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Jeff Berlin, "High Standards" (CD Review)

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Virtuoso electric bassist Jeff Berlin is back with one of his strongest jazz releases ever.

Jeff is something of a neighbor, as we both live in the Tampa Bay area, and his Players School of Music is located in Clearwater. I've had the chance to become acquainted with Jeff over the years, through a week-long stint at his school, and his participation in my Monk in the Sun CD project of several years ago. Jeff's site is here, and you can visit the Players School online here.

Jeff Berlin, High Standards (M.A.J.)

Jeff Berlin has justifiably gained acclaim as a fusion bass wizard, racking up credits with the likes of Allan Holdsworth, Bill Bruford and Kazumi Watanabe and even subbing with old-school prog rockers Yes. But given the evidence of the music he favors at his own concerts and the concepts he imparts as head of his Clearwater, Fla., music school, the celebrated four-stringer has always been a straight-ahead jazzer at heart.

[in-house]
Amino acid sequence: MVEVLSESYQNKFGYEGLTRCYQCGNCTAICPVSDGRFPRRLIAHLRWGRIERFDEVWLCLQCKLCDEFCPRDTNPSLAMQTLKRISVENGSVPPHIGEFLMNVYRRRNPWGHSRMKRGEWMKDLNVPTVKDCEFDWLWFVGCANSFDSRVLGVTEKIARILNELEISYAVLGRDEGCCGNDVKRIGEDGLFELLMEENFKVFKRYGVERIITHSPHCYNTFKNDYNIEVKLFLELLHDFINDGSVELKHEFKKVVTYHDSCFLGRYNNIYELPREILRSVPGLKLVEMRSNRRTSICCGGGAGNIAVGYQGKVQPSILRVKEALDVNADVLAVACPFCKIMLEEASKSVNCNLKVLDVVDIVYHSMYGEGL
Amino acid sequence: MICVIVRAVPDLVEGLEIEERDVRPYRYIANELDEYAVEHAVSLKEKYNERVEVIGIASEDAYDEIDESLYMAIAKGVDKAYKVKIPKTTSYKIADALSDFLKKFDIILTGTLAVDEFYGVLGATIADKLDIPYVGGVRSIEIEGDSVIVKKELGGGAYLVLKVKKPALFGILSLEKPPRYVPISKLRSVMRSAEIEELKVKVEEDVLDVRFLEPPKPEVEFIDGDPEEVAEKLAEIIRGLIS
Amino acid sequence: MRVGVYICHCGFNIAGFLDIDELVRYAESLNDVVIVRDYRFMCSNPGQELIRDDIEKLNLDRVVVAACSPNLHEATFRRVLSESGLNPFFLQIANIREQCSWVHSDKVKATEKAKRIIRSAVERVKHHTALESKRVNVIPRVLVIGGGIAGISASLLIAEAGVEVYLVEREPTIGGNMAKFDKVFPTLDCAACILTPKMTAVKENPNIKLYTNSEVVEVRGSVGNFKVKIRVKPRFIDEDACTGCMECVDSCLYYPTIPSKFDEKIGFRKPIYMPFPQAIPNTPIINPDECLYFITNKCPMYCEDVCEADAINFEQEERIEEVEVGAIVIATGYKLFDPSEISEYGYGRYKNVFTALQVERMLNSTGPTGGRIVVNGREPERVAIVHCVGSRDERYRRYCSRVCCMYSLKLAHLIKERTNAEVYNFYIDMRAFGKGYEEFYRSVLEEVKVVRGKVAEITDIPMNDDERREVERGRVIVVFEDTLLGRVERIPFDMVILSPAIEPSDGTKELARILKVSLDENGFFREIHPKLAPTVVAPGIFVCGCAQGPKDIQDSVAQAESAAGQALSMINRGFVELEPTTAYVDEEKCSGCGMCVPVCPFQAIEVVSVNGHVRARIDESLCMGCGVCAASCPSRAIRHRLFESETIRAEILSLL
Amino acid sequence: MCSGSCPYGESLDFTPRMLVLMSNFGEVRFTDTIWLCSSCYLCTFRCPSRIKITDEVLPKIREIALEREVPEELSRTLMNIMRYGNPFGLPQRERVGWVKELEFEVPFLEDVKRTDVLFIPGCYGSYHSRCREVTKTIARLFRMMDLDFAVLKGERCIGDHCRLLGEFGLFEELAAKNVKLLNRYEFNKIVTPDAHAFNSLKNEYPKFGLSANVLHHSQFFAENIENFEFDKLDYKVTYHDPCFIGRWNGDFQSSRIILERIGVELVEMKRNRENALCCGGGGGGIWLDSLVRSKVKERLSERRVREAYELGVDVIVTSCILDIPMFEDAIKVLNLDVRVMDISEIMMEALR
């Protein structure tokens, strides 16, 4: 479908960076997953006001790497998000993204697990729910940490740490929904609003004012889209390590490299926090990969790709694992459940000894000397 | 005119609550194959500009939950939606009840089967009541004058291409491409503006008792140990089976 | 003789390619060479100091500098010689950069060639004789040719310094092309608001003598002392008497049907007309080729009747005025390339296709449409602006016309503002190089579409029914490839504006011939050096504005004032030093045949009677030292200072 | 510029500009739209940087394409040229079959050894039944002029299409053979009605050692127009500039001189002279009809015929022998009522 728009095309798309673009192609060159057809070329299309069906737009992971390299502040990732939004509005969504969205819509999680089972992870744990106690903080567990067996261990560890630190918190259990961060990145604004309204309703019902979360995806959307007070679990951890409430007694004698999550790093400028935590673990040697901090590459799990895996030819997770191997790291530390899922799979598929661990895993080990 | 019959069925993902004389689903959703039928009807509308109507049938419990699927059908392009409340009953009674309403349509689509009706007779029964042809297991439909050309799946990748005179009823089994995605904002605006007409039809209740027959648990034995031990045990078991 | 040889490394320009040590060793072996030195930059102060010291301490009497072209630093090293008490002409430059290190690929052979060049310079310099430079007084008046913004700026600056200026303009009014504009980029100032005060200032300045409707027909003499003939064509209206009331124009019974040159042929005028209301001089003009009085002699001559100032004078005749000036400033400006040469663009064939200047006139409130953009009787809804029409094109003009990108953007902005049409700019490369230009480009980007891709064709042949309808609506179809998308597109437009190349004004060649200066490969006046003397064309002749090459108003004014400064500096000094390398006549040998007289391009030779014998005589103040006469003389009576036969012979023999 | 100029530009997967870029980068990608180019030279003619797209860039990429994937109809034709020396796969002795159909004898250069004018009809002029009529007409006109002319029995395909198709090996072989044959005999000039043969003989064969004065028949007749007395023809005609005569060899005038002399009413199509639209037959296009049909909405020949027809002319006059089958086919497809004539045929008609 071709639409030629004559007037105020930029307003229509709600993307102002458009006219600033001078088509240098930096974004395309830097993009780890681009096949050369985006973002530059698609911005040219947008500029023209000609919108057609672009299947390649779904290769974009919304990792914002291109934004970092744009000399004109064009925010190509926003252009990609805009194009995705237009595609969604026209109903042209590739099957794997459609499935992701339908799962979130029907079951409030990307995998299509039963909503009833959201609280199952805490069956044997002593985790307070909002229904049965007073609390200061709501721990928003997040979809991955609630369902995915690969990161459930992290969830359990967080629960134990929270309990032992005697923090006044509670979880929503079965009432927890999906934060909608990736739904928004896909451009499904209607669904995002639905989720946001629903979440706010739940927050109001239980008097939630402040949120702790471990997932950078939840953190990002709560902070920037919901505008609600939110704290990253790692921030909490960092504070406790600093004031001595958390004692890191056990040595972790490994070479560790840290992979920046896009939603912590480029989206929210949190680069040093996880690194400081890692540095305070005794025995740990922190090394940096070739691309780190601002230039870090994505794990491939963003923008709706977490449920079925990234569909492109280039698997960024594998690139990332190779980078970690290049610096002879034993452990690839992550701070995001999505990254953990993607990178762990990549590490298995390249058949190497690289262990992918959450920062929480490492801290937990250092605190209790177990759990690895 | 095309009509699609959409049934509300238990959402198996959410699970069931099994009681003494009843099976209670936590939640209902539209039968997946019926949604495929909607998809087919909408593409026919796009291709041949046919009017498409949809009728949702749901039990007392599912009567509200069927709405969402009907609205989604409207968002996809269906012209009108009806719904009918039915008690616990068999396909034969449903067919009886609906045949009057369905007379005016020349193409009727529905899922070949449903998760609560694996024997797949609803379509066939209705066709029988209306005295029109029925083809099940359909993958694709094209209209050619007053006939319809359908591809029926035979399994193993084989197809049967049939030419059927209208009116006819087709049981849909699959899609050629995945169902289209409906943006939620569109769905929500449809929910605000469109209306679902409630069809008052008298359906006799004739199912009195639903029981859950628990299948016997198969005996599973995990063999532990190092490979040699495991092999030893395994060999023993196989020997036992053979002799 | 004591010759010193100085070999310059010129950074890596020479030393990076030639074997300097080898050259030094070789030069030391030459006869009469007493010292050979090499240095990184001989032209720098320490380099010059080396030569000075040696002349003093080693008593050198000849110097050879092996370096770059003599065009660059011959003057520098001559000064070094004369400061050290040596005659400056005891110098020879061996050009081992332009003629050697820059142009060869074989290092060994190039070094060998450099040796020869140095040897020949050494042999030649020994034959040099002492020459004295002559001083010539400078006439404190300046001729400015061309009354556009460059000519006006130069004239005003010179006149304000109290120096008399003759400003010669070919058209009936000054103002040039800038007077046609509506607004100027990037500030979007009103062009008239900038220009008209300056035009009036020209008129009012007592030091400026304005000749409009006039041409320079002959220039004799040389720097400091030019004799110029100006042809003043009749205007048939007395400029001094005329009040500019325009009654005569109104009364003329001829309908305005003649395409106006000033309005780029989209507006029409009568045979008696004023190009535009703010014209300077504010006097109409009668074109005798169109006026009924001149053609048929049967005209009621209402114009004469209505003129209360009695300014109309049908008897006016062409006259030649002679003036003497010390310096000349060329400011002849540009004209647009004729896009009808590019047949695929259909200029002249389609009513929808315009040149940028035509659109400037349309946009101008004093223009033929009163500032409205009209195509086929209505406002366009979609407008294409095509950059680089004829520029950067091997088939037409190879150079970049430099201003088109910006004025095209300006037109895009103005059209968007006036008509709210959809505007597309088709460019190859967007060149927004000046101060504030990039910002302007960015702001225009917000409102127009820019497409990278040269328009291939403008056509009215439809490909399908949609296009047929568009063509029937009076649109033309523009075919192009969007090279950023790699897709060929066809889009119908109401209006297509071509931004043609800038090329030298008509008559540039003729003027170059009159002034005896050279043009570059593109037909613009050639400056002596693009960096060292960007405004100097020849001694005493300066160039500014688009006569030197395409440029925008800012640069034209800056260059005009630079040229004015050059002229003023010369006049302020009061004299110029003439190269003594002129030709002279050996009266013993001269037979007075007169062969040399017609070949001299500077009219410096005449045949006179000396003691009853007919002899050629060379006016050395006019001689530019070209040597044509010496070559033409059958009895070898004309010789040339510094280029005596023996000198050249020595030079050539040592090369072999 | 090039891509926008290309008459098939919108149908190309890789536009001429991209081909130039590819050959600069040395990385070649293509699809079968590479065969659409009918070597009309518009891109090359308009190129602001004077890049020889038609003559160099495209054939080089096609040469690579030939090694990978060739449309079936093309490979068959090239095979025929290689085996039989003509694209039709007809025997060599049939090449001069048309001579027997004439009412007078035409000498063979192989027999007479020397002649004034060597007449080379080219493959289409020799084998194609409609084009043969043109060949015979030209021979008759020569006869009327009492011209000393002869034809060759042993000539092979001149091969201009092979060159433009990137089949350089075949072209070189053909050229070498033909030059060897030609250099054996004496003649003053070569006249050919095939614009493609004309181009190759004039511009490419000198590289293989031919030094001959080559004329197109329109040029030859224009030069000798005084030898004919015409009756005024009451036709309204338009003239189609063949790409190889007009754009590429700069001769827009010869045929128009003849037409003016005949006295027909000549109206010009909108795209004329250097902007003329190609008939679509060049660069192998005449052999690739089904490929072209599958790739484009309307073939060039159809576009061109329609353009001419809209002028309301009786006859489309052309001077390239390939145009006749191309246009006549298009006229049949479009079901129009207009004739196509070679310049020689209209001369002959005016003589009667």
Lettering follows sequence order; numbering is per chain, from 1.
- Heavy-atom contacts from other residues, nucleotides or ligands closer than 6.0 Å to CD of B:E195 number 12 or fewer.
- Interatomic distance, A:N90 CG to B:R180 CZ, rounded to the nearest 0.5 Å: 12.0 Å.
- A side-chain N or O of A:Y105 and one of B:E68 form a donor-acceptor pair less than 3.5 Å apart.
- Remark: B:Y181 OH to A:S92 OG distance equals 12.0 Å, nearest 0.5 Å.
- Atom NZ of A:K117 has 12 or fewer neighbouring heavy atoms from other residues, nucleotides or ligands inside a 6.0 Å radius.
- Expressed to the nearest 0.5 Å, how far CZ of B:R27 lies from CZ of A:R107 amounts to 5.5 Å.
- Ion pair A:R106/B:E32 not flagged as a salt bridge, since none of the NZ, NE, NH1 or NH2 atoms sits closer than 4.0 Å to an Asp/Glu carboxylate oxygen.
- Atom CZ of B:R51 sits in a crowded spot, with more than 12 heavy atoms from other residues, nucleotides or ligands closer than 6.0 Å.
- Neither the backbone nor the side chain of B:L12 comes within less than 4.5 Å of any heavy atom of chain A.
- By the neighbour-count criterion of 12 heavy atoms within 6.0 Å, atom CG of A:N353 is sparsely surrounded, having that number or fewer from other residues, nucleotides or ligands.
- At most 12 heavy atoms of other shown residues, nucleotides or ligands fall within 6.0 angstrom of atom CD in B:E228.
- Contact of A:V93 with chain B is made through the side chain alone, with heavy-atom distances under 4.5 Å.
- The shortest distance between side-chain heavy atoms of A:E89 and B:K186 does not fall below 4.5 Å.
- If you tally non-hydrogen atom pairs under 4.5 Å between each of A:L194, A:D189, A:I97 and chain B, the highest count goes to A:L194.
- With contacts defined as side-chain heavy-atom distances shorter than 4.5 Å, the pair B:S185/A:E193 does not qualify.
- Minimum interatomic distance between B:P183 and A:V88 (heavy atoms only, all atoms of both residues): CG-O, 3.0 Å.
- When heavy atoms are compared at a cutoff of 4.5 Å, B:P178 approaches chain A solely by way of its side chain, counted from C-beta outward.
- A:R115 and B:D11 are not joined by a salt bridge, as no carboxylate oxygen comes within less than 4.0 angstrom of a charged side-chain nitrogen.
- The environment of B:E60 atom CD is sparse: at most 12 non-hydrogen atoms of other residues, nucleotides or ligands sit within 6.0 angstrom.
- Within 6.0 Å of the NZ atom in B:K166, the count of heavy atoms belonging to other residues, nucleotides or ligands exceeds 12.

A no-nonsense, sometimes controversial advocate of music education, Berlin demands high-level work from himself and his bandmates, and encourages the same from his students. Hence the title of his latest and maybe most accomplished album as a leader, High Standards, a set of jazz gems that has the bassist joined by his regular Florida-based trio-mates: pianist/upright bassist Richard Drexler and drummer (and Pat Metheny vet) Danny Gottlieb.

The three gallop from the get-go, with a rollicking run through Dizzy Gillespie's “Groovin' High." That's one of several brightly engaging up-tempo tunes, along with Frank Loesser's “If I Were a Bell" and Miles' “Solar," which opens with a floaty free section.

A bluesy shuffle feel provides a welcome twist on “Invitation," injected with Berlin's fresh chordal flourishes, and the two bassists come off as natural-born tonal partners on Miles' “Nardis" and the closer, “Someday My Prince Will Come."

Yes, it counts as something of a chopsfest: Berlin's fingerboard work remains amazingly fluid and fast, his ideas ceaselessly bubbling up. But the creativity of his soloing and the undeniably grooving swing of his walking lines ought to once and for all put to rest any lingering biases about the viability of the electric bass as a lead instrument in straight-ahead jazz. Right?

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This story appears courtesy of Between the Grooves with Philip Booth.
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